Brome St Mary
St Marys church is located in Brome, a village in Suffolk about 2 miles south of Scole.
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Visiting Brome St Mary
St Mary’s in Brome has a sort of overloaded feeling inside, as there are plenty monuments, stone carvings and stained glass windows; a bit too much to digest, in my opinion. A very major restoration took place here in 1857-1886, when the whole Church was re-faced with small black cut flints, and the tower was re-faced with an extra layer 20 inches deep of flints, up to the belfry. The belfry has whole flints and possibly early brick quoins, though its eight openings received attention in the 19th century, and maybe it was rebuilt then (without the extra facing). The parapet is also of that date. The nave chancel, north aisle, north transept and north chapel all have parapets, decorated with flushwork quatrefoils. The transept also has stone standing angels on its north corners. The only different work to be seen is in the south porch, with its faҫade of tiers of flushwork with narrow trefoil panels, crocketted pinnacles and a stepped gable.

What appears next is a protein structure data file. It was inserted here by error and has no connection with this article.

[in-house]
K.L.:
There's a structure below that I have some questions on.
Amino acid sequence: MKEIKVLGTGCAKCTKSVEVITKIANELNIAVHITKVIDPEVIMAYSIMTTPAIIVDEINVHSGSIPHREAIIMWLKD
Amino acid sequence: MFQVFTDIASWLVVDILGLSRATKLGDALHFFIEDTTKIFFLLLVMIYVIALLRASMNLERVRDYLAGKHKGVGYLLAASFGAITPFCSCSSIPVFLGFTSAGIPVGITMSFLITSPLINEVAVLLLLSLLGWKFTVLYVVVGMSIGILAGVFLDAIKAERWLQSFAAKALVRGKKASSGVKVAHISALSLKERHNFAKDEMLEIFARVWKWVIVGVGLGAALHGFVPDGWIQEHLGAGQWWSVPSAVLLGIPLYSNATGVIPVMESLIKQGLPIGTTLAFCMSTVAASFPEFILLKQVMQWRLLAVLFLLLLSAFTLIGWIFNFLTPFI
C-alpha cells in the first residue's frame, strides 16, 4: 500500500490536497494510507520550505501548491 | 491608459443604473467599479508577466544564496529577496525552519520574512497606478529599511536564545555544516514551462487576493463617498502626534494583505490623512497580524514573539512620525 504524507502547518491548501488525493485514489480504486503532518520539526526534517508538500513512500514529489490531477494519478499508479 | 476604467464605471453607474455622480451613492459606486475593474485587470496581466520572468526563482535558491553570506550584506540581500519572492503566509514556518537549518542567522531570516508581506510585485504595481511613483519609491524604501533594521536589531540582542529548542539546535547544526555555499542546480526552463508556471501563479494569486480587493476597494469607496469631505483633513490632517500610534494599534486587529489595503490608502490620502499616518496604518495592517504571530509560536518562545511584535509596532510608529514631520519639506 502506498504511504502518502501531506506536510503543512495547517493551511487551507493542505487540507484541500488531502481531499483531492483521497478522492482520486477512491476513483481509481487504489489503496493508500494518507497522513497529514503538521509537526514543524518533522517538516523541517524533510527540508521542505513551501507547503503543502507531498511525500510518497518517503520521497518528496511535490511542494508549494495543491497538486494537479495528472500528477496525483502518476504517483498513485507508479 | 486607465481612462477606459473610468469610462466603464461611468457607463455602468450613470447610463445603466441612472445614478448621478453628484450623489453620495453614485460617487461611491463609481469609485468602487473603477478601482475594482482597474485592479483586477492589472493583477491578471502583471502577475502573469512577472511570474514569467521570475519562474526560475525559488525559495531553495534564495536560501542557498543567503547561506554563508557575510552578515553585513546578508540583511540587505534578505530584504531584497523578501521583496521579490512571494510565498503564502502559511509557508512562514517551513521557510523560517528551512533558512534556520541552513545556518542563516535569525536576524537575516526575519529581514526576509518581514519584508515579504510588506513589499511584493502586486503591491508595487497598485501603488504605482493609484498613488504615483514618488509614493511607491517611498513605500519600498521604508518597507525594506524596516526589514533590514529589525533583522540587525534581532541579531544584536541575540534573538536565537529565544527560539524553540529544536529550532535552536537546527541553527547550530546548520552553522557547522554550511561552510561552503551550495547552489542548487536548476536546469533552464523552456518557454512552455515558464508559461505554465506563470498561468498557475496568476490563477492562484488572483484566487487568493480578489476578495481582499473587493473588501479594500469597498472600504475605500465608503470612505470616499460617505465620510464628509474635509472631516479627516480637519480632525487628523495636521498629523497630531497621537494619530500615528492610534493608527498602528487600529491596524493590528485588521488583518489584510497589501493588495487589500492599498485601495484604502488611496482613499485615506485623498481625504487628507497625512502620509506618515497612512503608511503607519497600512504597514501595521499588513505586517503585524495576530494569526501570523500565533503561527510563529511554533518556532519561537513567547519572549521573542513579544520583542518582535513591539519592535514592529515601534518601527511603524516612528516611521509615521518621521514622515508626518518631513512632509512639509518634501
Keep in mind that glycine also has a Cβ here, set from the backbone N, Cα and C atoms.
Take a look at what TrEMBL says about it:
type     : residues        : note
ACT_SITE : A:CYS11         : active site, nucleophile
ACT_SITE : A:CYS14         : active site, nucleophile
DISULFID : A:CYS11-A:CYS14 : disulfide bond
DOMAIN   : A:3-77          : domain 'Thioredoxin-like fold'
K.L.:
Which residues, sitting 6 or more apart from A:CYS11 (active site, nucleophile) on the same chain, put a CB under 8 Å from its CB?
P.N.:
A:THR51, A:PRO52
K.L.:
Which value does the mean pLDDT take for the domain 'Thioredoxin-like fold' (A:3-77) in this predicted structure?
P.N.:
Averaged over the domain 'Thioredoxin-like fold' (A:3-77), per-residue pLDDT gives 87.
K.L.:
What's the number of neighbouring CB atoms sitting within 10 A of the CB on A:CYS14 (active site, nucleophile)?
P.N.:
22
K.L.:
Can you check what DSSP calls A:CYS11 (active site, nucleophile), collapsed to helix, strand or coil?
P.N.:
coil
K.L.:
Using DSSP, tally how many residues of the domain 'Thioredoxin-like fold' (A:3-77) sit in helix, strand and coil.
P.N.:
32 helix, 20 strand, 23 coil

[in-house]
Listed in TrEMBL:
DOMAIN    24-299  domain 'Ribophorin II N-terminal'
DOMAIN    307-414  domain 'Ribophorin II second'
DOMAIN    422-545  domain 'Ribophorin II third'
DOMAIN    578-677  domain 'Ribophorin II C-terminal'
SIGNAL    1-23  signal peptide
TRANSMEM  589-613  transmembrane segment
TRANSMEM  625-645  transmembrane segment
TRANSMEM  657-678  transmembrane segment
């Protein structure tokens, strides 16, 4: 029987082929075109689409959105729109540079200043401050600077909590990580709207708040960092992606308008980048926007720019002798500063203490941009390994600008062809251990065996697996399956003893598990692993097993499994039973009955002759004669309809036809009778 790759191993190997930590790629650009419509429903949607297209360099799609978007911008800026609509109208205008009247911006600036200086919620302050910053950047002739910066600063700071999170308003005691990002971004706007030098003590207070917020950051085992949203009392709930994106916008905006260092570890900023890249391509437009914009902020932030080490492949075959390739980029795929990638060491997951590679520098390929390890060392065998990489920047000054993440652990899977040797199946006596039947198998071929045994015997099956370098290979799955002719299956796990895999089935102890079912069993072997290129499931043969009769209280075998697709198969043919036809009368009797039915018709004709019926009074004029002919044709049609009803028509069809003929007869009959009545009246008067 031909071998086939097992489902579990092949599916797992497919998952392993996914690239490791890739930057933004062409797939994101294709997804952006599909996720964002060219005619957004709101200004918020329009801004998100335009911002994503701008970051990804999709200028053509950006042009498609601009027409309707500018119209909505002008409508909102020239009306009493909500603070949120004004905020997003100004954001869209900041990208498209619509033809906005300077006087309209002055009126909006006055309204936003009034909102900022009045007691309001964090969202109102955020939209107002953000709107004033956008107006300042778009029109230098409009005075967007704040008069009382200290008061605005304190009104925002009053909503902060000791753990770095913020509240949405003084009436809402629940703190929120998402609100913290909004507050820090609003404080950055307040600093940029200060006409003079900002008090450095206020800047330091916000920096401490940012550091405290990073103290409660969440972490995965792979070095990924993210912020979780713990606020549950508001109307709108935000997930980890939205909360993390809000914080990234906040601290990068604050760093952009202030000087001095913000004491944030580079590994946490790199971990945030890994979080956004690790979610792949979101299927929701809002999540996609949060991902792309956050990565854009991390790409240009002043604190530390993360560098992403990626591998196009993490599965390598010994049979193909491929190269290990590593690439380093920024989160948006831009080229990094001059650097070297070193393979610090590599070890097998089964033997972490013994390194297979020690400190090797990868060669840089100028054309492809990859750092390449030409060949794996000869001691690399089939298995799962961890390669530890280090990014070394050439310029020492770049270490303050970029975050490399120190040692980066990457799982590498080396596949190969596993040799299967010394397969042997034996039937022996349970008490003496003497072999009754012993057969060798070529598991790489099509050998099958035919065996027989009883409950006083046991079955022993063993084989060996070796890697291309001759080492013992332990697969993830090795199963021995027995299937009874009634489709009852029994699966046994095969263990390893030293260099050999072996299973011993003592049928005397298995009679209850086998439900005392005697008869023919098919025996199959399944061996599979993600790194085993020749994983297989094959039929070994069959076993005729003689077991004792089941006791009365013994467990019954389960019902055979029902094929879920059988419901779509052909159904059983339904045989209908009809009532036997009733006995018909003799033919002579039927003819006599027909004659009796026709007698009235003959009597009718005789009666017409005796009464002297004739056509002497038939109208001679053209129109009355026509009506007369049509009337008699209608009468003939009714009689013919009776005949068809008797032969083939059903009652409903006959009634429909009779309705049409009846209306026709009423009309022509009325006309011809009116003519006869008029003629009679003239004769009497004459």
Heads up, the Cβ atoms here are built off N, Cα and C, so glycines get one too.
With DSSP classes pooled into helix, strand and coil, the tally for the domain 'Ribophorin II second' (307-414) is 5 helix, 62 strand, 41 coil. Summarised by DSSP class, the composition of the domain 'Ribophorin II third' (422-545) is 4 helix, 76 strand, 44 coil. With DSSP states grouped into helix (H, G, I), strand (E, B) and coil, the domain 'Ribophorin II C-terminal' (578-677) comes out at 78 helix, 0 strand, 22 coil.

Entering through the north door, the medieval heraldic glass in the aisle has connections with Thetford Priory, who were the landowners locally before the Reformation. The tall pointed tower arch has many mouldings, some going down to the floor. Above it is a curved triangular blocking containing a carved trefoil. Below the tower stands the 15th century lion font. It has the symbols of the four Evangelists, E winged man (Matthew), S eagle (John), W bull (Luke) and N lion (Mark). The alternate panels have angels holding shields: two blank shields, SE Trinity, NW Instruments of the Passion. The corona has demi-angels with overlapping wings, and the stem has four seated lions round it. The stone pulpit has standing Apostles in niches, and the same sculptor, James Williams 1798-1888, also carved the stone reredos, altar rails and sedilia. The north chapel is full of monuments (in changing styles) for the Cornwallis Family, from Sir John †1544 an effigy in armour with his wife Mary, on a tomb chest next to the sanctuary, his eldest son Thomas †1604 also in armour on a tomb chest and his wife Anne, his second son, Henry †1598 a kneeling knight in armour on a wall monument, Elizabeth †1680 wife of 3rd Baron a bust in a flamboyant cartouche with cherubs. All the monuments have detailed heraldry, with the Cornwallis Arms being gutté d’eau (drops of water) with three Cornish choughs (bird of the crow family) proper on a fesse (band across the middle).